Alfred A. Knopf: 148 pp., $24
I’ve long admired Toni Morrison as a moral visionary, but her fiction, not so much. Of her nine novels, three — “Song of Solomon” (1977), “Beloved” (1987) and 2008’s “A Mercy” — are masterpieces, yet the others, particularly the post-Nobel books “Paradise” (1997) and “Love” (2003) can be so stylized as to veer dangerously close to self-parody. Anyone who’s read her in any depth may understand what I’m referring to: those stentorian rhythms, the biblical cadences, the characters who function more as archetypes than flesh-and-blood.
I say this not to minimize her achievements — three masterpieces in a lifetime are three more than most authors produce. Still, more often than not, her stature (the most recent American Nobel literature laureate, she was named last week as one of 13 recipients of this year’s Presidential Medal of Freedom) prevents us from seeing her as a writer, which is to say as fallible, prone as all writers are to the excitations and limitations of, in Faulkner’s famous phrase, her “own little postage stamp of native soil.”
Morrison’s 10th novel, “Home,” highlights this issue; it is a thin book with some beautiful writing that ultimately comes off as insubstantial and contrived. The story of Frank Money, a black Korean War vet on his way back to Georgia, “Home” refracts the early 1950s through an individual filter, although the most striking thing about the novel may be how little it succeeds in drawing us in. Frank is an angry man, an outsider inclined to violence, a drinker and a brawler who watched his two best friends die in the war. As the book begins, he is in a hospital mental ward, bound to a bed, contemplating his escape, although when escape finally comes, it is so easy, effortless almost, that we wonder how it could have ever been in doubt.
This lack of narrative tension recurs throughout “Home” as Frank makes his way to Chicago and then south, toward his hometown of Lotus, “the worst place in the world, worse than any battlefield. At least on the field there is a goal, excitement, daring, and some chance of winning along with many chances of losing.… In Lotus … there was no future, just long stretches of killing time. There was no goal other than breathing, nothing to win and, save for somebody else’s quiet death, nothing to survive or worth surviving for.”
The irony is that Lotus is the only place he can take his sister Cee, near death in a suburb of Atlanta. She is the one person about whom he cares, the beacon that pulls him onward, the lodestar for the journey, both interior and exterior, that gives shape to this book.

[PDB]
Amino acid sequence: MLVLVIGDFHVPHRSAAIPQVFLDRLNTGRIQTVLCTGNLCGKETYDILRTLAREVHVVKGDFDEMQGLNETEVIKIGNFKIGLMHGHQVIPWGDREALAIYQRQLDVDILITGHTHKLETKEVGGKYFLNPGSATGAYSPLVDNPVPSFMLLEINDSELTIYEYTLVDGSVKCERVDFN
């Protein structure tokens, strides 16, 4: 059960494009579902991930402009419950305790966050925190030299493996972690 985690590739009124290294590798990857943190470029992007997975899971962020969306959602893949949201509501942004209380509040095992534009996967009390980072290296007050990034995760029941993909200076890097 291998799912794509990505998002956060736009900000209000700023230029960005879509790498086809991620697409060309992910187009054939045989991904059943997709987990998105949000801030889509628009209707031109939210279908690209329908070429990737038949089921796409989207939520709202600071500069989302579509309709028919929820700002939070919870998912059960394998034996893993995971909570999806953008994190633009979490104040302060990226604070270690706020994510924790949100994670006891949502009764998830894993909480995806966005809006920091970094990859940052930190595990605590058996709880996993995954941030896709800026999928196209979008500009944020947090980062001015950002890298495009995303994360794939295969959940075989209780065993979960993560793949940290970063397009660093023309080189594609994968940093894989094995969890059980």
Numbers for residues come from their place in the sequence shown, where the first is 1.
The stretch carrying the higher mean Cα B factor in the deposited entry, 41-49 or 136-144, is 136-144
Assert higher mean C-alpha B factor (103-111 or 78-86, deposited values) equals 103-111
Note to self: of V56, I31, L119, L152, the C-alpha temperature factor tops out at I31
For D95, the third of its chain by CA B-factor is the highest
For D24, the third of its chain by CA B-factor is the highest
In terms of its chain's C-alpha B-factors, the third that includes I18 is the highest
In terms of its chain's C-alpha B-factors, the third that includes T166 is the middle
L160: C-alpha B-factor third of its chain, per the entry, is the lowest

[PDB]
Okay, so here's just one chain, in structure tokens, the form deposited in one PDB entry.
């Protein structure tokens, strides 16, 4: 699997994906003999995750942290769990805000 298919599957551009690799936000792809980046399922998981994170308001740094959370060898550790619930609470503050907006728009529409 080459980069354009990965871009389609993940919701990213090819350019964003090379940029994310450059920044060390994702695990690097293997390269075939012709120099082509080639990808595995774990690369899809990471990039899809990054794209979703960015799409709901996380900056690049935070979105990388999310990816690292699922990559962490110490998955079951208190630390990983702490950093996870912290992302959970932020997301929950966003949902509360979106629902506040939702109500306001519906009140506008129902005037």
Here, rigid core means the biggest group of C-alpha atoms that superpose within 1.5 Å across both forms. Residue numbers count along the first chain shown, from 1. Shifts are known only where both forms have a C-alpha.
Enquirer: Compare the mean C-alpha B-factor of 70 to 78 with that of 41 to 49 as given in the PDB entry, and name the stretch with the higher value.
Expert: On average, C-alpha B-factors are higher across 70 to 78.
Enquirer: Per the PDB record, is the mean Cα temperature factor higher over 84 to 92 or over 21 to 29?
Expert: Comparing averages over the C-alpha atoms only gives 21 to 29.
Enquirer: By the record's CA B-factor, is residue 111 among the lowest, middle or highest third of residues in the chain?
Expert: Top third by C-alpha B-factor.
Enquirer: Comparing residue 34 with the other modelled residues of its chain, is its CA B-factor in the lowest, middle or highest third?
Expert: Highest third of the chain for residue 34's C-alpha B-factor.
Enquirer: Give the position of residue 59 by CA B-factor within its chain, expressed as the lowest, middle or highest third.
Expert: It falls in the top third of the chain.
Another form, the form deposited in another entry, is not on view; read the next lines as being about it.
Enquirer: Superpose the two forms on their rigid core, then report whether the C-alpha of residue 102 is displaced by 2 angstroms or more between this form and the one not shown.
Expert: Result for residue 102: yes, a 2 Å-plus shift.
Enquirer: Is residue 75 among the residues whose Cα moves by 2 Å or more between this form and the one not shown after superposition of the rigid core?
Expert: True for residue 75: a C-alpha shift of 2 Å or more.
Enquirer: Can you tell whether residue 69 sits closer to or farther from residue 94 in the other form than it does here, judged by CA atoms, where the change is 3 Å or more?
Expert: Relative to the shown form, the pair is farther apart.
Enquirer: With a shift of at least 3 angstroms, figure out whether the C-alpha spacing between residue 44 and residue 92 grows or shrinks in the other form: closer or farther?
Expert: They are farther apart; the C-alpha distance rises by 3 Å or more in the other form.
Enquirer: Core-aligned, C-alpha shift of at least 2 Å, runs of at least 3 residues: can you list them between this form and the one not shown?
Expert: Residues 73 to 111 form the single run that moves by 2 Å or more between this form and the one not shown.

There’s a certain Old Testament-style simplicity to such a story, with its archetypal concerns: home, family, belonging, exile. These are themes to which Morrison has returned throughout her career, but here they don’t challenge so much as they confirm. Confirm what? On the most basic level that this is a Toni Morrison novel, although that sounds snarkier than I intend. Still, it may be the most I can say for “Home,” which reads like a pastiche, a writer returning to the well once too often, operating less from narrative urgency than a kind of muscle memory.
As she has in the past, Morrison relies on a multiplicity of perspectives, shifting between short sections narrated by Frank and more extended third-person set pieces that move from him to Cee, their stepgrandmother Lenore and a clutch of other characters. Among the few compelling dynamics is the antipathy Frank feels toward the book’s third-person “author.” (Morrison leaves his or her identity open-ended.) “Earlier,” he argues, reflecting on a scene from the beginning of the book, “you wrote about how sure I was that the beat-up man on the train to Chicago would turn around when they got home and whip the wife who tried to help him. Not true. I didn’t think any such thing. What I thought was that he was proud of her but didn’t want to show how proud he was to the other men on the train. I don’t think you know much about love.... Or me.”
That’s fascinating, the novel echoing back upon itself, its voices in conflict, as if to express the tension at the heart of the impulse to tell a story. What is narrative, after all, but a frame, an attempt to make meaning out of the chaos of the world? It’s all about interpretation, how we read or connect events that are, in and of themselves, not connected, the through-lines that we follow, the unities we draw. And yet, despite the power of this setup, Morrison never makes us feel it, never allows us to become engaged.
Part of the problem is that everything happens too quickly, with no real sense of what’s at stake. But even more it is the author’s — or the narrator’s — distance, the sense that Morrison is not fully invested in this fictional world. Even in the culminating scene, when Frank and Cee right an ancient wrong, we can’t help feeling disassociated, as if this were a structural inevitability rather than a narrative one.
Ultimately, the impression with which “Home” leaves us is of a novel that, like the town it encircles, is “much less than enough.” Or maybe it’s that the book seems tired, as if it were something we’ve read before. Either way, it leaves us wanting, without the discovery, the recognition of how stories can enlarge us, that defines Morrison’s most vivid work. “You can keep on writing,” Frank warns the nameless narrator late in the novel, “but I think you ought to know what’s true.” There’s that moral sensibility again, perhaps the author’s most essential aspect. But in “Home,” she fails to make us care enough for it to resonate.